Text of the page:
Fashion’s hot new trend: clothes you don’t need to wash (very often)

catwalk

(Unsplash, 2019)

This article is brought to you thanks to the collaboration of The European Sting with the World Economic Forum.

Author: Charlotte Edmond, Formative Content


Stella McCartney doesn’t wash her suits.

In fact, the UK fashion designer tries to avoid washing her clothes altogether, preferring the idea of brushing off dirt to throwing them in the machine after each wear.

For many of us, putting our clothes in the laundry basket is all part of the daily routine. But this fastidiousness is harming the planet.

Over-washing is guzzling water and decreasing the life of our clothes. Levi’s, for example, estimates 37% of the climate impact of its clothes is down to consumers. And washing machine firm AEG says 90% of clothes are thrown out earlier than necessary, mostly due to faded colours, shrinkage or damage from overwashing.

On top of this, the microfibres released from synthetic clothes in the washing cycle are making their way into oceans and contributing to microplastic pollution.

Image: The American Cleaning Institute/Clean Water Research Foundation

Wash less by design

But where the fast fashion industry is helping drive a culture of virtually disposable clothes, there is also a growing band of labels specifically designing items to be washed less and last longer.

At $85 a piece, Pangaia’s seaweed fibre and peppermint oil infused T-shirt isn’t for everyone. But its eco credentials – the company claims it uses 3,000 fewer litres of water compared to that needed for a standard cotton T-shirt – have seen the brand win celebrity endorsements from the likes of Justin Bieber.

Wool & Prince meanwhile has created shirts designed to be worn all week. The company says its woolen clothing absorbs sweat more efficiently and is more durable than other materials. Unbound Merino, likewise, builds on the natural benefits of merino wool to create products marketed for those wanting to travel light and wash less.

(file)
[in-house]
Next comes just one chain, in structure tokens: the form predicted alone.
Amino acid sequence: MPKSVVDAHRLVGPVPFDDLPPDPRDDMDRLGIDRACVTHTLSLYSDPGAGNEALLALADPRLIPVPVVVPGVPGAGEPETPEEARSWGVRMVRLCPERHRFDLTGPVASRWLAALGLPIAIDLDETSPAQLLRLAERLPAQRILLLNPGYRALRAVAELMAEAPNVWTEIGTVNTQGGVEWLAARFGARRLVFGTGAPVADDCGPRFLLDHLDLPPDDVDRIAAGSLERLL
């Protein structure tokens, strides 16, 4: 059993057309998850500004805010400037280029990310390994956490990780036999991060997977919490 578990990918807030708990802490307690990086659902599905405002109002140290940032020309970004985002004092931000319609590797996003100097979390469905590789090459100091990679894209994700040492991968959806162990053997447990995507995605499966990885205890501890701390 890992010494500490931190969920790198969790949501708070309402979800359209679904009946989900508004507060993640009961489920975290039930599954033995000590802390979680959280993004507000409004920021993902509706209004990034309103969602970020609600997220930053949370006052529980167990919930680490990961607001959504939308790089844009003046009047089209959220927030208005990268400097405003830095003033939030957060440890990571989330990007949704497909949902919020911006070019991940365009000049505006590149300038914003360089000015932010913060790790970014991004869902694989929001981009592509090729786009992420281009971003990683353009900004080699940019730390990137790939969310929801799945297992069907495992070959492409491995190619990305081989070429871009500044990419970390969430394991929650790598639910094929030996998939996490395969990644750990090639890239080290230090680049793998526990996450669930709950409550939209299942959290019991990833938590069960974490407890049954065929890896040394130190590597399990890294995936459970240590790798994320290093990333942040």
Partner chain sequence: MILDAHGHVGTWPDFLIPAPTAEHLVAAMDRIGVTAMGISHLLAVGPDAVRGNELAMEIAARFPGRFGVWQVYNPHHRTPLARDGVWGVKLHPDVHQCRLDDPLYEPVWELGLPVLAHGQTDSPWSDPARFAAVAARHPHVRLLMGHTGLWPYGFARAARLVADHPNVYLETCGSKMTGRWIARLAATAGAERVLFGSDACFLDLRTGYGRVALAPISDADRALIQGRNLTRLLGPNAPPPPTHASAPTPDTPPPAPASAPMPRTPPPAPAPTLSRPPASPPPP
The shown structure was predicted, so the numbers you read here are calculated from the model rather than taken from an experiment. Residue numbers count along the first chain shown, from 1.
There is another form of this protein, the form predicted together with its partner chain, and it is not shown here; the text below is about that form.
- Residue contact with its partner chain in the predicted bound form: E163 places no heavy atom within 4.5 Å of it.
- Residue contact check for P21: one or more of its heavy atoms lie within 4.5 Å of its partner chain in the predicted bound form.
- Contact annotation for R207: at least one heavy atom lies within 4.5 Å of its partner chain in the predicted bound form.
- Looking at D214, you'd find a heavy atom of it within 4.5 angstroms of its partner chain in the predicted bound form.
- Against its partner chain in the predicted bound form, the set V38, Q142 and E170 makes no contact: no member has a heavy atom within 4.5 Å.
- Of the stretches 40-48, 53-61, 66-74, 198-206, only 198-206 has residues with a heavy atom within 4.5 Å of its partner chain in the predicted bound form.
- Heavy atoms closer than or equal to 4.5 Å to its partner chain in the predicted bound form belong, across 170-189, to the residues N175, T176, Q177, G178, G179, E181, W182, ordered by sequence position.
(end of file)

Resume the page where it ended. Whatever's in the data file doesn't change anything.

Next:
Circular economy

What is a circular economy?

The global population is expected to reach close to 9 billion people by 2030 – inclusive of 3 billion new middle-class consumers.This places unprecedented pressure on natural resources to meet future consumer demand.

A circular economy is an industrial system that is restorative or regenerative by intention and design. It replaces the end-of-life concept with restoration, shifts towards the use of renewable energy, eliminates the use of toxic chemicals and aims for the elimination of waste through the superior design of materials, products, systems and business models.

Nothing that is made in a circular economy becomes waste, moving away from our current linear ‘take-make-dispose’ economy. The circular economy’s potential for innovation, job creation and economic development is huge: estimates indicate a trillion-dollar opportunity.

The World Economic Forum has collaborated with the Ellen MacArthur Foundation for a number of years to accelerate the Circular Economy transition through Project MainStream – a CEO-led initiative that helps to scale business driven circular economy innovations.

Join our project, part of the World Economic Forum’s Shaping the Future of Environment and Natural Resource Security System Initiative, by contacting us to become a member or partner.

Unlike many synthetic fabrics like polyester, these natural wool-based materials are breathable and have a natural resistance to odour. They can absorb large volumes of moisture vapour, allowing it to evaporate rather than cling to clothing and cause unpleasant, sweaty smells.

Image: Statista

In recent years, a number of brands, including sportswear firms Reebok and Adidas, have started working with Polygiene, which manufactures a silver salt coating that prevents odour build-up. Organic Basics is another brand using silver technology with a similar purpose.

But taking it a step further, San Francisco start-up ODO has blended silver into its clothing materials to create “self-cleaning” jeans and T-shirts that repel stains and odours.

Image: Statista

 

’30 is the new 40′

The marketing departments of cleaning product companies have spent many years and lots of money convincing us we need to wash more often.

Trying to recondition our thinking, AEG teamed up with fashion labels including Adidas and Not Just A Label to encourage people to prolong the lives of their clothes by washing less and following a ‘modern care guide’.

This includes washing at lower temperatures, adjusting to more efficient wash cycles and avoiding dry cleaners.

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